Posted 20 hours ago

Elektra: No.1 Sunday Times Bestseller from the Author of ARIADNE

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to have been kidnapped by Agamemnon because the place she lives in now is so pretty and a palace like the one Cassandra grew up in and how being raped by a king (especially one like her fantastic father) is such an honor. If the whole book had been as powerful as Clytemnestra’s sections, I likely would have been satisfied.

Author Jennifer Saint masterfully weaves the multiple PoVs together with elegant prose and superb characterizations in a well-paced and intense narrative. As it happened, I read this shortly after reading Clare Heywood's excellent Daughters of Sparta, which tells much the same story, albeit in a different manner. Utilizing well defined, three dimensional characters and believable dialogue the book for the most part flows easily. But we also get to see her as a mother before Troy and after, providing Cassandra with death to escape her torment (this scene was wrote really beautifully too despite it being about death). Her perspective quickly becomes whiny and repetitive, and I could feel my eyes rolling around in my head whenever it's her turn.It was competent enough, and as I was reading it, at least through the halfway point, I kept thinking it was OKAY, assiduously so, but something was bothering me. This book starts us off with before the Trojan war; Helen is in Sparta looking for a suitor and men from all over Greece have heard of her beauty and want her for a wife… apart from Agamemnon who meets Clytemnestra (and Odysseus, who finds interest in Penelope, Helens cousin).

The only issue I have is that there have been many of retellings featuring Troy and Clytemnestra/Helen recently and so nothing particularly new came to light of me. Next we have Cassandra the princess of Troy who upon refusing the god Apollo’s advances was cursed to be able to foretell the future but never be believed.Her fixation and devotion to the idea of a man that clearly did not exist, I could never understand. Elektra, daughter of Agamemnon and Clytemnestra, unflinching in her loyalty to her father chooses to justify his actions as the will of the Gods and will do anything to exact revenge on those who were responsible for her father’s demise.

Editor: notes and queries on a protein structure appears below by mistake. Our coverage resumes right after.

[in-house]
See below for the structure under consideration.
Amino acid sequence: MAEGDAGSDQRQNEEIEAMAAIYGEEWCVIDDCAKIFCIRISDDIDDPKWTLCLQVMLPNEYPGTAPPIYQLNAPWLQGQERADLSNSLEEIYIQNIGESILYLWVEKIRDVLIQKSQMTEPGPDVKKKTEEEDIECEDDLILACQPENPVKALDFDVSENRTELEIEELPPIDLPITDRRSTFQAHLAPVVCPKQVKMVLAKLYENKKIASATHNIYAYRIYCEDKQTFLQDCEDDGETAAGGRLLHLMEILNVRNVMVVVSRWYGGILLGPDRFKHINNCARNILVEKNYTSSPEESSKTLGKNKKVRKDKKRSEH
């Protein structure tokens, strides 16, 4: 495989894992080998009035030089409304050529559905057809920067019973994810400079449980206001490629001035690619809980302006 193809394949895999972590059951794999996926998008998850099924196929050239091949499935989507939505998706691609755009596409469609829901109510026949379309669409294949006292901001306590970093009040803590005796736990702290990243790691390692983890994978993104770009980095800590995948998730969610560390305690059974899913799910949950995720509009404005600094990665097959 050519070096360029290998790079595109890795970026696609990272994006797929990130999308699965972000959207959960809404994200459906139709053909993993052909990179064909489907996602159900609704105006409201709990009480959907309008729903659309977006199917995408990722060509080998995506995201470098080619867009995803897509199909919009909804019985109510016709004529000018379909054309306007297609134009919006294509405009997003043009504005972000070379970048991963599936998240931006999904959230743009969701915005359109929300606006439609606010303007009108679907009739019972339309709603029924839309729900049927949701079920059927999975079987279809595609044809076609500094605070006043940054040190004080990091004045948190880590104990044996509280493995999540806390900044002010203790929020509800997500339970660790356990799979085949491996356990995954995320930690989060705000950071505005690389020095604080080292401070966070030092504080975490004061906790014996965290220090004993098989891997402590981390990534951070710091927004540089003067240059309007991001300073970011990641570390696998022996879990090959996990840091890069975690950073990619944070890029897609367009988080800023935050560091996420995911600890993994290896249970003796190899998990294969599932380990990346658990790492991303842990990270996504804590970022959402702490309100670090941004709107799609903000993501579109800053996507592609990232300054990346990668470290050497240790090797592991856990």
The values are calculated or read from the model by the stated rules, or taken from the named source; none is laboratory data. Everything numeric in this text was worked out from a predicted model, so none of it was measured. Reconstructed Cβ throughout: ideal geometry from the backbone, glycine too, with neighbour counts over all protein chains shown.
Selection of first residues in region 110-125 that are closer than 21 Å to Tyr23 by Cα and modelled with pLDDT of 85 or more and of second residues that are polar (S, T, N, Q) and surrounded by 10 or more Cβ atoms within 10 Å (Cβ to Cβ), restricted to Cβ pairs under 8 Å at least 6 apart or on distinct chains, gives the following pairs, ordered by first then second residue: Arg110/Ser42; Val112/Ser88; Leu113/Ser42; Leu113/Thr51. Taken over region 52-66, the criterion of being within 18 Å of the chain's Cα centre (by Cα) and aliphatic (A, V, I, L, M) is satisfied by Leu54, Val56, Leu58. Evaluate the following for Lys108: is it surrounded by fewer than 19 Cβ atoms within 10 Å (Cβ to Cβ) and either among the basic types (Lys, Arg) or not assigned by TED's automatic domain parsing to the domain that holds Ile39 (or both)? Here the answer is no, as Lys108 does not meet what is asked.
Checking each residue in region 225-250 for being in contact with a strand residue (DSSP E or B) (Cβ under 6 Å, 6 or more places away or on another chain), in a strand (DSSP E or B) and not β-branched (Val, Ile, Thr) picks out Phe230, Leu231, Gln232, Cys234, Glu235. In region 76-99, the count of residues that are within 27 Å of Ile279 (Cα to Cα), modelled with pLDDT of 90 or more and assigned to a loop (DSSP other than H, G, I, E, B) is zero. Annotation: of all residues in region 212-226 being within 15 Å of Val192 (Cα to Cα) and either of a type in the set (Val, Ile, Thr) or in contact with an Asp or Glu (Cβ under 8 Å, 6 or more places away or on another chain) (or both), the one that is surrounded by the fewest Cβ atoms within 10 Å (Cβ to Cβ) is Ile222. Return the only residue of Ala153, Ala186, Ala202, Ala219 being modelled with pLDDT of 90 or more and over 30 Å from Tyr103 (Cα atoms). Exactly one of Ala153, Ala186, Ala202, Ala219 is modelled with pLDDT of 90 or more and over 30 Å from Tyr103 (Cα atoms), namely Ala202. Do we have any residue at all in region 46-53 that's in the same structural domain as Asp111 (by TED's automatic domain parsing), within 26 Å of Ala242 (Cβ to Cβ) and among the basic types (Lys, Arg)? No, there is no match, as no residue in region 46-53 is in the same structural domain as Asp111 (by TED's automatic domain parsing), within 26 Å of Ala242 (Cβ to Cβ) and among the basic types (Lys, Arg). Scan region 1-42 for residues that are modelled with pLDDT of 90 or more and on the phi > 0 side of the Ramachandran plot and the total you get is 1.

So I was very excited to read a new POV on Greek stories that I knew as well as learning some new ones I hadn’t experienced before.If you’re familiar with mythology you’ll know Cassandra as a princess of Troy who was given the gift of prophecy by Apollo, but like an awful human, she dipped out on him after promising him she would be his lover if he gave her this gift so he then cursed her so that although she does have the gift of prophecy, she will never be believed. Where women trying their best to protect the people they love sometimes do terrible things or cause unknown harm. Saint retells these stories as they’ve been told before, changing only the camera angles through which we view it, and the end result is… fine. We see Elektra as a young girl with her love for Agamemnon as a father, (which in parts reminded me so much of the Oedipus complex by Freud- which was rather disturbing to read) and her hell bent on revenge for the murder of him by her mother. And once we get to the "action", it's over in two sentences and then the book keeps droning on and on and on for far too long yet again.

A major part of the narrative is shared between Elektra, Cassandra and Clytemnestra- each of whom gives us a brief picture of the significant events that impact their lives before, during and after the fall of Troy. Elektra is an insufferable title character I have no empathy for and Cassandra is as useless to the plot as her curse makes her to those around her. I love the way Jennifer Saint re-tells Greek mythology while centering the experiences of women rather than men.All the action takes place elsewhere, and all we have to go on here is a tragedy before papa goes off to lead the army of the Greeks, the tragedy caused by the same jerk, and we're pretty much stuck in the heads of those who were left behind. She then spends the next 10 years planning to murder her husband when he comes home from Mycenae and see her trying to hold power in court.

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